Looking after the bothies. Why bother?

Corrour Bothy in the Lairig Ghru, Cairngorms

Corrour Bothy

Sometimes you really do wonder just why you bother.

Neil Findlay on way to Corrour Bothy, Cairngorms, with new toilet seat

Neil Findlay carries in the new seat

Up at Corrour Bothy again, the plan was for Neil Findlay and I to replace a broken toilet seat and do a quick repair to the stove, then I would head round to the furthest reaches of the Garbh Choire and explore the snowfields, which would be approaching their smallest before the winter gets going.

But now I was seriously wondering why I spend so much time on this bothy.

It wasn’t the fact that the toilet bag needed changing already. It wasn’t that there seemed to be a population explosion of flies in the inner section of the toilet block.

It wasn’t discovering that the plastic box which sits under the storage rail to catch drips from newly hung bags was literally crawling with ill-defined creatures and in serious need of scrubbing out, or even deciding that the drip tray under the ‘live’ bags needed cleaning too and, in fact the whole floor of the back section needed scrubbing down.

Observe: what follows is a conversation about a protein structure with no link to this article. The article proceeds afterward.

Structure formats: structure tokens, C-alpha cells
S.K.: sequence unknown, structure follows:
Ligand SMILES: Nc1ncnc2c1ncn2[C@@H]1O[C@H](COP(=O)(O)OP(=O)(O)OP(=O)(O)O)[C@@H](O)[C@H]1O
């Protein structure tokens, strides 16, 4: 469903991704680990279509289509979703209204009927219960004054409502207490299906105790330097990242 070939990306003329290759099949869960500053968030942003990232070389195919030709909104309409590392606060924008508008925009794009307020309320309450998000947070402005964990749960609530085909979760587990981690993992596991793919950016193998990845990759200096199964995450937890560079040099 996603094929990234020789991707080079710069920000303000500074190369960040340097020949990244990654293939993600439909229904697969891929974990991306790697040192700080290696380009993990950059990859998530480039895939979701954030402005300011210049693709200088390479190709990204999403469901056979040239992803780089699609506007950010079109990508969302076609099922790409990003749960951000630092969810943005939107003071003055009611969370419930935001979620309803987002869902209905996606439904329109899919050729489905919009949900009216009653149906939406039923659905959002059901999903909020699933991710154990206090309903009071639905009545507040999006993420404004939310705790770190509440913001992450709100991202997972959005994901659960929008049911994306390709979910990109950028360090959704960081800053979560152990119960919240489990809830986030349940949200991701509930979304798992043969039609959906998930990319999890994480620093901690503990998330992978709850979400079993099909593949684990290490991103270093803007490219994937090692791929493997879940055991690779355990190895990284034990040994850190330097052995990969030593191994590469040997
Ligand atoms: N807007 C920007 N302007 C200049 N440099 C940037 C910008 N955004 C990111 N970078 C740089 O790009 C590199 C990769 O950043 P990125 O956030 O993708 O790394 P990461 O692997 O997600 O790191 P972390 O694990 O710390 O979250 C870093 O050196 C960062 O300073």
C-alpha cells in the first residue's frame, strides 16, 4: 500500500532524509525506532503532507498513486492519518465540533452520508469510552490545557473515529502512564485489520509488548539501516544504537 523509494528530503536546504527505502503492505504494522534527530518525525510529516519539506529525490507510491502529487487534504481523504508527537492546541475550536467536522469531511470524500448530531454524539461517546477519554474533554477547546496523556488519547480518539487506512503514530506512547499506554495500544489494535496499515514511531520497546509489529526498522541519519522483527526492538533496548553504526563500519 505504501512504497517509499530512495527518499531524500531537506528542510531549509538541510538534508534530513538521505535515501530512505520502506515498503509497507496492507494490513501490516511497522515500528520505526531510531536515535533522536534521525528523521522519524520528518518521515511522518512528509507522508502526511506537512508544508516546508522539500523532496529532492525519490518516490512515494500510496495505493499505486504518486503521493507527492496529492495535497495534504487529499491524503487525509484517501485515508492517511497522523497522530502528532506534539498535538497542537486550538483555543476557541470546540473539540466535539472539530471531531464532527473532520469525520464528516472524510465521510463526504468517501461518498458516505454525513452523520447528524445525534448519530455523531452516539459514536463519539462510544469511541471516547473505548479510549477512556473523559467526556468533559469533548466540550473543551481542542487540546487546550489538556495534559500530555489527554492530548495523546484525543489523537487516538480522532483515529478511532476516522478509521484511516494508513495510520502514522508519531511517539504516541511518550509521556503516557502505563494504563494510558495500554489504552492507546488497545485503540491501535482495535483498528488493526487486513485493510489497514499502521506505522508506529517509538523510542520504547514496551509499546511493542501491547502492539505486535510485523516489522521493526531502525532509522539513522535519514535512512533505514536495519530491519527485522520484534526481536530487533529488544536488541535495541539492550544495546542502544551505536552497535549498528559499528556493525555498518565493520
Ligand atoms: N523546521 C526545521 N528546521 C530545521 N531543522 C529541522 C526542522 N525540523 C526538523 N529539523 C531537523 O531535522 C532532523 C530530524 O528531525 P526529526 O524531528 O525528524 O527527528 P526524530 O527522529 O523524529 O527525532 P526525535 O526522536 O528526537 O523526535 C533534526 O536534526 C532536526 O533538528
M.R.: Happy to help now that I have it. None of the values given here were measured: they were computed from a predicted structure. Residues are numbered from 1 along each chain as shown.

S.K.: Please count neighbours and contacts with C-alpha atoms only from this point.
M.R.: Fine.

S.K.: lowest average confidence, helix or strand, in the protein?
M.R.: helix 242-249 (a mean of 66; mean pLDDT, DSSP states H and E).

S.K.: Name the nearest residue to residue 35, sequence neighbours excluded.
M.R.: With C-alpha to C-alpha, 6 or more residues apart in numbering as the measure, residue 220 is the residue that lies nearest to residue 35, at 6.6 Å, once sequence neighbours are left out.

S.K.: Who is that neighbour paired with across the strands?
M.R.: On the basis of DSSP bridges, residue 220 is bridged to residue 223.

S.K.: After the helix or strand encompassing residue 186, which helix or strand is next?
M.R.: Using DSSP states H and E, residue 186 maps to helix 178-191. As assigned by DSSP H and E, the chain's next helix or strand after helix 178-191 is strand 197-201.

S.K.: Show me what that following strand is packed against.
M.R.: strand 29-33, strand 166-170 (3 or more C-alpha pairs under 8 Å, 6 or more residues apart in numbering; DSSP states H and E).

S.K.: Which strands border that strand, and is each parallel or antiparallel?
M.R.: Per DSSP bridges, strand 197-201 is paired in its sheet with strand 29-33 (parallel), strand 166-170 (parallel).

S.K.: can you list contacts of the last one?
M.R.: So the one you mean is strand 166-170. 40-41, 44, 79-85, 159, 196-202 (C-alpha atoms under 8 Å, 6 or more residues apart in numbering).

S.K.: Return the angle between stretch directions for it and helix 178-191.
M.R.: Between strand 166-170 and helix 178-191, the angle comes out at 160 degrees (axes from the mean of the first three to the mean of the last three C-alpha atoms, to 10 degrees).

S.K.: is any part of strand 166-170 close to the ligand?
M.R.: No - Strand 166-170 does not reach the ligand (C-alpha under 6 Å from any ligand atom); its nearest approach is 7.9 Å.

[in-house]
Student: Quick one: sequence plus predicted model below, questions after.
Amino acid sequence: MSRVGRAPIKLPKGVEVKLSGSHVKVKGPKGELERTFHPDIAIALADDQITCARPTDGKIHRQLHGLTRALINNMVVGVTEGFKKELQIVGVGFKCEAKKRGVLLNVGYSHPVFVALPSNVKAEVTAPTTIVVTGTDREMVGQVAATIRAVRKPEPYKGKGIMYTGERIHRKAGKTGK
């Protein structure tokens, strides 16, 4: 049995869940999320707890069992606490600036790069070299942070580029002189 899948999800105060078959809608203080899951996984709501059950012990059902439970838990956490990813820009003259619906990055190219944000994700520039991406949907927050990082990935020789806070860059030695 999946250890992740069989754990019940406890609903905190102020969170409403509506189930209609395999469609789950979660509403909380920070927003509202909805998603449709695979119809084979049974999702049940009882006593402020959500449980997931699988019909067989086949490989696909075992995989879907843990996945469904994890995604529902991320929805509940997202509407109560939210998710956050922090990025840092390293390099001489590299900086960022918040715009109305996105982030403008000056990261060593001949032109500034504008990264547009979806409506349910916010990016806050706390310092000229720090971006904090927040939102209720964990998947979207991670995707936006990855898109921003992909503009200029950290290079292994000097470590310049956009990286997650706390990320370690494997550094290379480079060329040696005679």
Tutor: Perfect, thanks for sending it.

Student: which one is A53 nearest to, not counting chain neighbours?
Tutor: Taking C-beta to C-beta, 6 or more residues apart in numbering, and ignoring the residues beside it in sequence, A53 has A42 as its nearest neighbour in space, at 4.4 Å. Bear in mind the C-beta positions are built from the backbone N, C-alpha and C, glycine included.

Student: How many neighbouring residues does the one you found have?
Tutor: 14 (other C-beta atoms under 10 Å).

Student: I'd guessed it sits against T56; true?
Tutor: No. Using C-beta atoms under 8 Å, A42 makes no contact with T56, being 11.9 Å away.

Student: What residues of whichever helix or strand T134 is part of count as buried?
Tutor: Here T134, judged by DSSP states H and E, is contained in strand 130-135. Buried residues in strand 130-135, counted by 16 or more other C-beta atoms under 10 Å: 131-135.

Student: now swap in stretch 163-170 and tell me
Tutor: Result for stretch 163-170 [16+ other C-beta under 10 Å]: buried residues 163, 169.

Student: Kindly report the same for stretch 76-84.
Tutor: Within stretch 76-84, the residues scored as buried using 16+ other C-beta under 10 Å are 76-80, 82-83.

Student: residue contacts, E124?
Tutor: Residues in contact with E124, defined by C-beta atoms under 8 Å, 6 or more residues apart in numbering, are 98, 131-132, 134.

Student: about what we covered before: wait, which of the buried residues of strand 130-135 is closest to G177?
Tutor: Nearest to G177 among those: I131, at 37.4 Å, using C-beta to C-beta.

Sure, it all took a couple of not very pleasant hours to do and I’d had to say goodbye to plans for the Garbh Choire, but it wasn’t that.

Toilet at Corrour Bothy, Glen Dee, Cairngorms

The twin toilet seats at Corrour

It wasn’t even when Neil Findlay pointed out that the steel tubes under the loo seats were minging. No, I kept calm even when down on my knees before the cludgies (there are two seats and two tubes to clean – one wouldn’t be enough) scrubbing away at dried-in faeces with a j-cloth, with my head almost down the tube and trying not to stare at the all too fresh pile of turds and bog roll in the bag below. Even though this wasn’t how I ever envisaged spending my birthday, I never questioned what I was doing there.

What finally broke me was the black bag.

The toilet was changed, mended and scrubbed into submission. The collar to fix the flue to the stove was in place and a new coat of stove paint applied (Neil F’s work). I’d even been sung ‘Happy Birthday’ by a nice group of DofE Award kids.

But then came the bag.

We’d seen it when we arrived: a black polythene rubbish sack hanging from a hook on the wall, obviously pretty full of rubbish. We knew that we’d have to go through it all and burn what we could and carry out the bottles and tins, along with the various bits and pieces left on the shelf: a festival tent, plastic bags, plastic cutlery (some used), a couple of tent pegs, a mess tin full of shredded and burnt tinfoil…

So I sat in front of the now lit stove and started pulling out wrappers, fag packets, polythene bags – the usual. Only the smell from the sack was pretty pungent, and getting worse.